Profits fall at luxury goods giant LVMH

 

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The Independent Online

Waning demand for Hennessy cognac and Louis Vuitton handbags saw first-half profits at LVMH fall 5 per cent to €2.58bn (£3.47bn). Sales at the Paris-based luxury giant rose 3 per cent to €14bn, missing analysts’ forecasts.

Its drinks business, Moët Hennessy, was hit by weaker demand for cognac in China caused by the government crackdown on gift giving and ostentatious spending.

It said the wines and spirits division recorded a decrease in organic sales of 1 per cent in the first half.

Its leather goods business was hit by slower sales from Chinese shoppers, particularly in Hong Kong, as well as a decline in Japan in the second quarter due to a VAT hike that has also hit other luxury brands.

The group has been changing its flagship Louis Vuitton brand to stop it from becoming too common and has upped prices.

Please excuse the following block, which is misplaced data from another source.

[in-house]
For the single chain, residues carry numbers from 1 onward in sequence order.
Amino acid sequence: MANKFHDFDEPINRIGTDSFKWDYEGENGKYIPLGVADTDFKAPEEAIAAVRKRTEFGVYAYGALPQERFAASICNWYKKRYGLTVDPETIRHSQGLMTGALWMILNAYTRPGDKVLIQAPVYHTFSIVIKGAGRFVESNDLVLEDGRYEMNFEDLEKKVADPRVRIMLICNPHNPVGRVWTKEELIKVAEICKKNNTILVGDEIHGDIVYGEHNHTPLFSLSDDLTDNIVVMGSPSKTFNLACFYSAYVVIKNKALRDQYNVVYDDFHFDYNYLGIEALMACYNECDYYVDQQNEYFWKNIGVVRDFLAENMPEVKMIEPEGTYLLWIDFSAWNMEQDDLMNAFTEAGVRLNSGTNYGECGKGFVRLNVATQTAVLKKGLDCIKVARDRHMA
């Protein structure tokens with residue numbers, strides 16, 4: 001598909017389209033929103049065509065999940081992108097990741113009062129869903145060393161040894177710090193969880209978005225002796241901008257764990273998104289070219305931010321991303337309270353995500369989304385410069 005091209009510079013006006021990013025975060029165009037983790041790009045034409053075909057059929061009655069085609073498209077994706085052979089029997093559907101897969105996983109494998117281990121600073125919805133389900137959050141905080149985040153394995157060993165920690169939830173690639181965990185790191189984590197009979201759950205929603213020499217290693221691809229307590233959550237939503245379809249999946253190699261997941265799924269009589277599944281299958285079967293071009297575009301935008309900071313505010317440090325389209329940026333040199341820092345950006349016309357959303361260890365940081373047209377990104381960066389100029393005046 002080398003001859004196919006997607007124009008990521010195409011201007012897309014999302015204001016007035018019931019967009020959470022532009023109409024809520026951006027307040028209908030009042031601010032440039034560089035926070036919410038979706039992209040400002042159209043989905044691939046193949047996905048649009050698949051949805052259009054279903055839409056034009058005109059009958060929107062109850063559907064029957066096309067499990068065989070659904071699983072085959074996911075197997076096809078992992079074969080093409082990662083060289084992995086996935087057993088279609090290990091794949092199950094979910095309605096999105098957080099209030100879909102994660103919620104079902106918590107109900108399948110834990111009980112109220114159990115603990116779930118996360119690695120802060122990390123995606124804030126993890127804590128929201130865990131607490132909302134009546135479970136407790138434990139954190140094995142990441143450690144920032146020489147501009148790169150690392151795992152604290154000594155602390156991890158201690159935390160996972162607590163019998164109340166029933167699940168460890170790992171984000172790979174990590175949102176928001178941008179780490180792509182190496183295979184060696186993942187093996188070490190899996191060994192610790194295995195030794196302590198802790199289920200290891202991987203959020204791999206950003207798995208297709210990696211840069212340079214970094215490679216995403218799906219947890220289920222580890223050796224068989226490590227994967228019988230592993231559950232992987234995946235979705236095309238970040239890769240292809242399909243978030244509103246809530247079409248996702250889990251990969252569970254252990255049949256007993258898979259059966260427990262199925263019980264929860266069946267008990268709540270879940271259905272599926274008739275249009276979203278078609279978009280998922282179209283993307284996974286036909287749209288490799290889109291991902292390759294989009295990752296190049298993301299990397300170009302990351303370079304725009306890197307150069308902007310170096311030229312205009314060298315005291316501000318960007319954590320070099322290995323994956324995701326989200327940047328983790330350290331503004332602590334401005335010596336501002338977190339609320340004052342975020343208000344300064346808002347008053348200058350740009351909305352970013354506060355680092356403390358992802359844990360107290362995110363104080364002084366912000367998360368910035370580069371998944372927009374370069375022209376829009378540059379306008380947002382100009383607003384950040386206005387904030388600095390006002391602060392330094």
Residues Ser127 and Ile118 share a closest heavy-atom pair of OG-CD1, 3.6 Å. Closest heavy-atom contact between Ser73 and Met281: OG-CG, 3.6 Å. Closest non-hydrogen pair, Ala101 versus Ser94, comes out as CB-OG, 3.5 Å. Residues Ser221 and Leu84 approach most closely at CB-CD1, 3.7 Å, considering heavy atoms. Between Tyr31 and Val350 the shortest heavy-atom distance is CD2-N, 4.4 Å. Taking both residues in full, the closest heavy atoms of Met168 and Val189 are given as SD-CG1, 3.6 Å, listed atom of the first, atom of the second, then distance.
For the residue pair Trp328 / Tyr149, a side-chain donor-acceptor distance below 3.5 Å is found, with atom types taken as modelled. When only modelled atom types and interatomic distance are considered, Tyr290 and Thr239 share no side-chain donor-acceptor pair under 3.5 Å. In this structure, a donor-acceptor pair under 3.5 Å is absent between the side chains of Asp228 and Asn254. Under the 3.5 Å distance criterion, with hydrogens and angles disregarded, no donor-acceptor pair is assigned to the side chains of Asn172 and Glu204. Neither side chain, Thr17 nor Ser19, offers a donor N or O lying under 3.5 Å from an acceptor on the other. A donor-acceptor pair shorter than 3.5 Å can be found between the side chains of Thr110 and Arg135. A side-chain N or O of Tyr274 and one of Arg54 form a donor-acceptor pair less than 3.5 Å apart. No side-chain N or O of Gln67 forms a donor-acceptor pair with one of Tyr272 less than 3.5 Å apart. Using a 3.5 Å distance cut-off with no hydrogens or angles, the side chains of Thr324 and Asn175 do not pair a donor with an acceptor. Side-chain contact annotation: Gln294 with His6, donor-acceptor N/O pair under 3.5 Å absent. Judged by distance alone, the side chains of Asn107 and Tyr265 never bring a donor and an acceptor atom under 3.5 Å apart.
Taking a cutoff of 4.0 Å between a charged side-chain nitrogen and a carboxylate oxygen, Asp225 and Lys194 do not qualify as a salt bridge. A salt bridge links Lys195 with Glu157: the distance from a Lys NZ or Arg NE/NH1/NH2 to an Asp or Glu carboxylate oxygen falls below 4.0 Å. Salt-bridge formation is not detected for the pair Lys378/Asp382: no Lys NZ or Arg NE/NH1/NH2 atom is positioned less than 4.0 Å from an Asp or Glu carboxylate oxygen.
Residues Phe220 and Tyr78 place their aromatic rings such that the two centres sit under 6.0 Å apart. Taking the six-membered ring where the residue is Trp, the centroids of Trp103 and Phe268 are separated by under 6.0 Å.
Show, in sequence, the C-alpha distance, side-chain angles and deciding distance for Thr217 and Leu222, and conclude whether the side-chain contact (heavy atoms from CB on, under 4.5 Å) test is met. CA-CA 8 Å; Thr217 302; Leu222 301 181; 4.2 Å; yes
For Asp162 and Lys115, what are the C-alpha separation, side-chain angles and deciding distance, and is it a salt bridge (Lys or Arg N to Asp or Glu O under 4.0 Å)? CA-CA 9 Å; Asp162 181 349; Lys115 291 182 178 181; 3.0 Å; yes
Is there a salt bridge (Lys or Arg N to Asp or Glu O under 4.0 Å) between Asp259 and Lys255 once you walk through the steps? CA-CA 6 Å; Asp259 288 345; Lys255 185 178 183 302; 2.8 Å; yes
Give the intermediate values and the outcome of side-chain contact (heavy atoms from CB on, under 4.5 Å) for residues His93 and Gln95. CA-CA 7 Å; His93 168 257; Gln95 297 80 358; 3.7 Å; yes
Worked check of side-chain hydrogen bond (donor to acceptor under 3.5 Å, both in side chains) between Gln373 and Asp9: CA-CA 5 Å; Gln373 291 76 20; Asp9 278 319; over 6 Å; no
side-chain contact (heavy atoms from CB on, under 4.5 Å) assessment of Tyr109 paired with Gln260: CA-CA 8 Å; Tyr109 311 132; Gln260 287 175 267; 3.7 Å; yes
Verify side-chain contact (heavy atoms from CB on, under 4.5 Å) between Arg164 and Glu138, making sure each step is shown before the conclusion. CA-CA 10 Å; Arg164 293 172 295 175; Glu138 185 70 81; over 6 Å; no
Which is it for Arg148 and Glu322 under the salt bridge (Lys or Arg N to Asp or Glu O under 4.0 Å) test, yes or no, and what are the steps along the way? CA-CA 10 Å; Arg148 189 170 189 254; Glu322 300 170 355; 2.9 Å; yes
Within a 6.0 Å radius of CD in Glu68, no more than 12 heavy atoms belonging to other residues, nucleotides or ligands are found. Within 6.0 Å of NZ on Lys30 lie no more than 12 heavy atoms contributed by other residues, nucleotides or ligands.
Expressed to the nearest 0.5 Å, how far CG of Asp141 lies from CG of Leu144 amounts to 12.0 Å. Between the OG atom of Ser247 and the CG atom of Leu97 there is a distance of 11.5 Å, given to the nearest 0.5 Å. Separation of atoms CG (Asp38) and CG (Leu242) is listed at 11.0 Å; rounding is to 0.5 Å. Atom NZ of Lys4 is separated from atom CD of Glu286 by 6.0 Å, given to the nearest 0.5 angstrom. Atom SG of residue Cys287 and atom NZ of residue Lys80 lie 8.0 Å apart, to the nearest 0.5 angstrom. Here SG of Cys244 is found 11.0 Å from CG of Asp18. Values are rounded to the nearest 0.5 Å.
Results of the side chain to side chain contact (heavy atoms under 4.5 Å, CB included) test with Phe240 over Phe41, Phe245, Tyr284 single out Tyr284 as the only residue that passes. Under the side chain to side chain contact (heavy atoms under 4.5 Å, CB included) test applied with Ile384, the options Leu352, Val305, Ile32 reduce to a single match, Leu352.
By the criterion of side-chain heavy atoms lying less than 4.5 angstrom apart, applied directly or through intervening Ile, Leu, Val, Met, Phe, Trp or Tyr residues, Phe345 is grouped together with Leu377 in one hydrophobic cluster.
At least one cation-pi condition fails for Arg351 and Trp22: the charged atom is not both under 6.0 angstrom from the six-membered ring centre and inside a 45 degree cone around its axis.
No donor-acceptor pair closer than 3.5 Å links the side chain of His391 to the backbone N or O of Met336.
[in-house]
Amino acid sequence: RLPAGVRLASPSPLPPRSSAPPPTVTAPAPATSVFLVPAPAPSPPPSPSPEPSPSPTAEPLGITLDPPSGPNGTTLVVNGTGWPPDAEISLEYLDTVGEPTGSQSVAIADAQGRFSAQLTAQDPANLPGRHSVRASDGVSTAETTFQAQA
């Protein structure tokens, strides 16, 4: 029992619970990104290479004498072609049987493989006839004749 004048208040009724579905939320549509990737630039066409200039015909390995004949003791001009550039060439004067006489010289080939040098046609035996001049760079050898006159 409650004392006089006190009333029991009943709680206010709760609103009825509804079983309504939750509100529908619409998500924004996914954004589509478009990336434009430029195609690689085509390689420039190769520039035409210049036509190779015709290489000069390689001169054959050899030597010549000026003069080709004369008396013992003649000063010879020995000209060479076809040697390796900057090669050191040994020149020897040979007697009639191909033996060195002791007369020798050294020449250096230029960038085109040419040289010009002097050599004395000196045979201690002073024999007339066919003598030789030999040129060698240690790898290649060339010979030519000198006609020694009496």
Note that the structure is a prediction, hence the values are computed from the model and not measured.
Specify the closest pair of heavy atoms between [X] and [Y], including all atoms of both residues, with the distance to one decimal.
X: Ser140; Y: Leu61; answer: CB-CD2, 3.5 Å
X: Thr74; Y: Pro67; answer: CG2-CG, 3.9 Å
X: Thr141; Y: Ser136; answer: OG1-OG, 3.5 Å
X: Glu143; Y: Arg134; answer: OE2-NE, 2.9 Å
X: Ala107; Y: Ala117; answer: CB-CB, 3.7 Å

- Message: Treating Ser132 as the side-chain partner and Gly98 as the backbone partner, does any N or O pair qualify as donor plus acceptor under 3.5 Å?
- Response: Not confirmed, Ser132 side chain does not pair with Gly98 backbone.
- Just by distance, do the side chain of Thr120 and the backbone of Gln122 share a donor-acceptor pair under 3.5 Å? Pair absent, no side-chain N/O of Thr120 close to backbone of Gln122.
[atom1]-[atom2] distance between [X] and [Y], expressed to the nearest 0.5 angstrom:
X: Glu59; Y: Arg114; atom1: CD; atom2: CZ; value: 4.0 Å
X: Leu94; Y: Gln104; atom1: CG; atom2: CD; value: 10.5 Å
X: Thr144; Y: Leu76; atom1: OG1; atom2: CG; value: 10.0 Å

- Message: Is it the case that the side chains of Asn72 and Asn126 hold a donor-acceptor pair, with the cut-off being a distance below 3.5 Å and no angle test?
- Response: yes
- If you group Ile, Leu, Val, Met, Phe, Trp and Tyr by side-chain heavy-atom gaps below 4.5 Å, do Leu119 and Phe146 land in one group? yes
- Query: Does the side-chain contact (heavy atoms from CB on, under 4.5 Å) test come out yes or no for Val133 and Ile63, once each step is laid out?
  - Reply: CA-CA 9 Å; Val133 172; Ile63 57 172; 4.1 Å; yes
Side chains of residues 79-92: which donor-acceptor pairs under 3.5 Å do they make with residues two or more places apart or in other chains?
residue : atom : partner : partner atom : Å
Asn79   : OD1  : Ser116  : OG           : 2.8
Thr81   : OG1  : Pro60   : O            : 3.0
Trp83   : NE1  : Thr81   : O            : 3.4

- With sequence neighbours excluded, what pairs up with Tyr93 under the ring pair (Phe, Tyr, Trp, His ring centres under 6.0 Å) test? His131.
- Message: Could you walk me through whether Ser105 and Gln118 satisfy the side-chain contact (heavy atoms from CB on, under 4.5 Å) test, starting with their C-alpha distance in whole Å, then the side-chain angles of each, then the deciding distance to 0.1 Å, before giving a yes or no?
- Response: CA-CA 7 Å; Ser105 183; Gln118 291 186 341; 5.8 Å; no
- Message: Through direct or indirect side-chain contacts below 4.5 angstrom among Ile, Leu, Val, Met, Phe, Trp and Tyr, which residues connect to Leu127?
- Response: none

It reported “strong creative momentum” at the brand with its new artistic director, Nicolas Ghesquière. It said he received an “enthusiastic response to his first show”. The group has also been focusing on expanding its Fendi fashion label to ease the reliance on the Louis Vuitton brand.

Rahul Sharma, analyst at Neev Capital, said: “First-quarter leather goods sales were up 9 per cent and the second quarter looks down slightly, much worse than expected.”

Bernard Arnault, chairman and chief executive of LVMH, said: “The results of the first half demonstrate LVMH’s excellent resilience, thanks to the strength of its brands and the responsiveness of its organization in a climate of economic and financial uncertainties.”

Other areas of the business have thrived and its Selective Retailing arm, which includes cosmetics chain Sephora and its perfume businesses, reported organic revenue growth of 9 per cent.

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